27. The method according to claim 25, further comprising the steps of, when said step (b) determines that data stored in said output FIFO includes at least two words:
(d) determining whether or not said output FIFO includes an amount of free space for at least two words; and
(e) determining whether or not said output FIFO includes an amount of free space for at least one word.
28. The method according to claim 25, further comprising the step (d) determining whether or not said output FIFO includes an amount of free space for at least one word, when said step (c) determines that data stored in said output FIFO includes at least one word.
Description

This application is a continuation of application Ser. No. 08/397,722, filed Mar. 2, 1995, which is a continuation of prior application Ser. No. 07/724,185, filed on Jul. 1, 1991, both now abandoned.

BACKGROUND OF THE INVENTION

1. Field of the invention

The present invention relates to a data transfer system for use in a computer system and, more particularly, to a data transfer system for performing direct data transfer efficiently from an input device having a first-in first-out (FIFO) memory, serving as a buffer, to a memory and from a memory to an output device having a first-in first-out (FIFO) memory serving as a buffer.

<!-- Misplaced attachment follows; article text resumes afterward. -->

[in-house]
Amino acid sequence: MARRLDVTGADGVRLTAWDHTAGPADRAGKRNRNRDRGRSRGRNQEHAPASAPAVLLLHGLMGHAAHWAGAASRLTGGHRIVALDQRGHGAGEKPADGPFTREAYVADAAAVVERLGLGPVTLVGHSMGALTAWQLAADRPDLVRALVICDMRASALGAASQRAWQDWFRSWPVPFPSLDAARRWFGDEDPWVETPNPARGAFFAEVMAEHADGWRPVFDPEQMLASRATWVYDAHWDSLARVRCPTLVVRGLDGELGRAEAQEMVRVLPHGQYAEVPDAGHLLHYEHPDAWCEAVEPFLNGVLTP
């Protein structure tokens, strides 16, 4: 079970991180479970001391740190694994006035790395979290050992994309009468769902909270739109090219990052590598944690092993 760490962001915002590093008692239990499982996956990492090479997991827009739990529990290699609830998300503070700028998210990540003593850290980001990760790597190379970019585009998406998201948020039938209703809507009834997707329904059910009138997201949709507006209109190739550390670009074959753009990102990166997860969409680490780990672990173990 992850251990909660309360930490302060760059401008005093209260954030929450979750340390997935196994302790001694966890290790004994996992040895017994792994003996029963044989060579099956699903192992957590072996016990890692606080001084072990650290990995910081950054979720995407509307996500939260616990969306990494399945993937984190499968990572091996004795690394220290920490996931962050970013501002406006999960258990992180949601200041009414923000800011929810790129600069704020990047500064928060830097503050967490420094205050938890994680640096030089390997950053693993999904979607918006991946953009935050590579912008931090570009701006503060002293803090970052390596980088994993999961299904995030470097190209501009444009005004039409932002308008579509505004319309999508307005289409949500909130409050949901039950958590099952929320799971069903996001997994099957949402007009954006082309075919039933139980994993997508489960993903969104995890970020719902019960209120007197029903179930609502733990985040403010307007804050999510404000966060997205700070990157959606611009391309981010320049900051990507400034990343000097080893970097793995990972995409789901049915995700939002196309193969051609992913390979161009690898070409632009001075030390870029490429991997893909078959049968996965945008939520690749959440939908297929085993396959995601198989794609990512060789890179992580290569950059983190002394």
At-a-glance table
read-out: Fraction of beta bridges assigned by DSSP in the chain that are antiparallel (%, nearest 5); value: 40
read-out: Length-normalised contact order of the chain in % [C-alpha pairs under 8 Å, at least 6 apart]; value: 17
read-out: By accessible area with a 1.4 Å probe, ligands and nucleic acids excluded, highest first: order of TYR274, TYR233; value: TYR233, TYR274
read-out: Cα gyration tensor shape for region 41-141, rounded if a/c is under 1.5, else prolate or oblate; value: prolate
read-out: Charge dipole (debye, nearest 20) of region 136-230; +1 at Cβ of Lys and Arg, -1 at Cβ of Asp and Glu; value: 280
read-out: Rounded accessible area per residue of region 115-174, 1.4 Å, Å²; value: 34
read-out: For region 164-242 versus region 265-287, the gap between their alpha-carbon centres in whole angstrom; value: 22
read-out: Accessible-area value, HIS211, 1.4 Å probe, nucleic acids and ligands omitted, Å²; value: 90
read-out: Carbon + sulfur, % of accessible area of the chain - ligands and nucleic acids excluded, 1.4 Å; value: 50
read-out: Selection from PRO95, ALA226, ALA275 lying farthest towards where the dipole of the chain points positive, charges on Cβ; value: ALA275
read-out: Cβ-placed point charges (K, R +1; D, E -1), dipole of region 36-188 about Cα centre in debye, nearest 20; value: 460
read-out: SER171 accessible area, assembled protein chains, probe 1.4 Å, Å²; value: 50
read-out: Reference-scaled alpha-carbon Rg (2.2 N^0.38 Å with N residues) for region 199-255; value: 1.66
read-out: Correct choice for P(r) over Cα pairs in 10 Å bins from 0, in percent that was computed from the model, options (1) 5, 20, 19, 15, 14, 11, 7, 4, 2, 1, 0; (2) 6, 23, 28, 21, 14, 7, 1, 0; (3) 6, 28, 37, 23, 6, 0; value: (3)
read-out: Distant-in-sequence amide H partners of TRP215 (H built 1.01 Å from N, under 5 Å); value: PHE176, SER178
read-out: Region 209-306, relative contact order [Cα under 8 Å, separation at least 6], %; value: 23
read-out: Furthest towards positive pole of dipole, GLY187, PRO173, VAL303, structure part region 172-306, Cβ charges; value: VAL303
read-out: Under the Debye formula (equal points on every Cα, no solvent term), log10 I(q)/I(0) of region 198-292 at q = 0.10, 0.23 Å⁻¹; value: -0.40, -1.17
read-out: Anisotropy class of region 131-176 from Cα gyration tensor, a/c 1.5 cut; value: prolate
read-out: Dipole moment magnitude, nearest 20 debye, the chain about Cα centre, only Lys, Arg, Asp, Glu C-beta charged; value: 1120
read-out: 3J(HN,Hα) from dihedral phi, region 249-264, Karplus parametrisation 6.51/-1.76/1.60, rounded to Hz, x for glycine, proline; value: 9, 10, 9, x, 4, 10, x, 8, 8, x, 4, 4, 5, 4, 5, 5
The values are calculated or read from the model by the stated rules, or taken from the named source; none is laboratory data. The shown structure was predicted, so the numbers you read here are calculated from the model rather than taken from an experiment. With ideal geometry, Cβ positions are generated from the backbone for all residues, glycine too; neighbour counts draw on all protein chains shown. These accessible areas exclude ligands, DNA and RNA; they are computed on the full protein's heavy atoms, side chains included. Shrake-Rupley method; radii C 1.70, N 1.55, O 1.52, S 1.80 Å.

2. Description of the Related Art

Recent speeding-up and up-sizing of computer systems have enabled very big problems to be treated. Quantities of data to be treated have consequently become huge. Thus, the performance of computer systems is frequently influenced by input/output data rate. In a system configuration such as a parallel computer, large quantities of data are transferred between computing elements for information interchange.

In order to realize a high-speed computer system, it is required to input and output data faster and more efficiently than before.

In computer systems, direct memory access (DMA) systems are now widely used for direct data transfer between a memory and an input/output device without intervention of a central processing unit.

FIG. 1 (PRIOR ART) is a block diagram of a related art processor system using the DMA system. In this processor system, data is transferred from an input device 1 to a memory system 2 and from the memory system 2 to an output device 3 via a common bus 4 under the control of a direct memory access controller (DMAC) 5. A processor 6 is connected to the common bus 4 to control the entire system. The input device 1 is equipped with a first-in first-out (FIFO) memory 7 for storing input data and the output device 3 is equipped with a first-in first-out (FIFO) memory 8 for storing output data.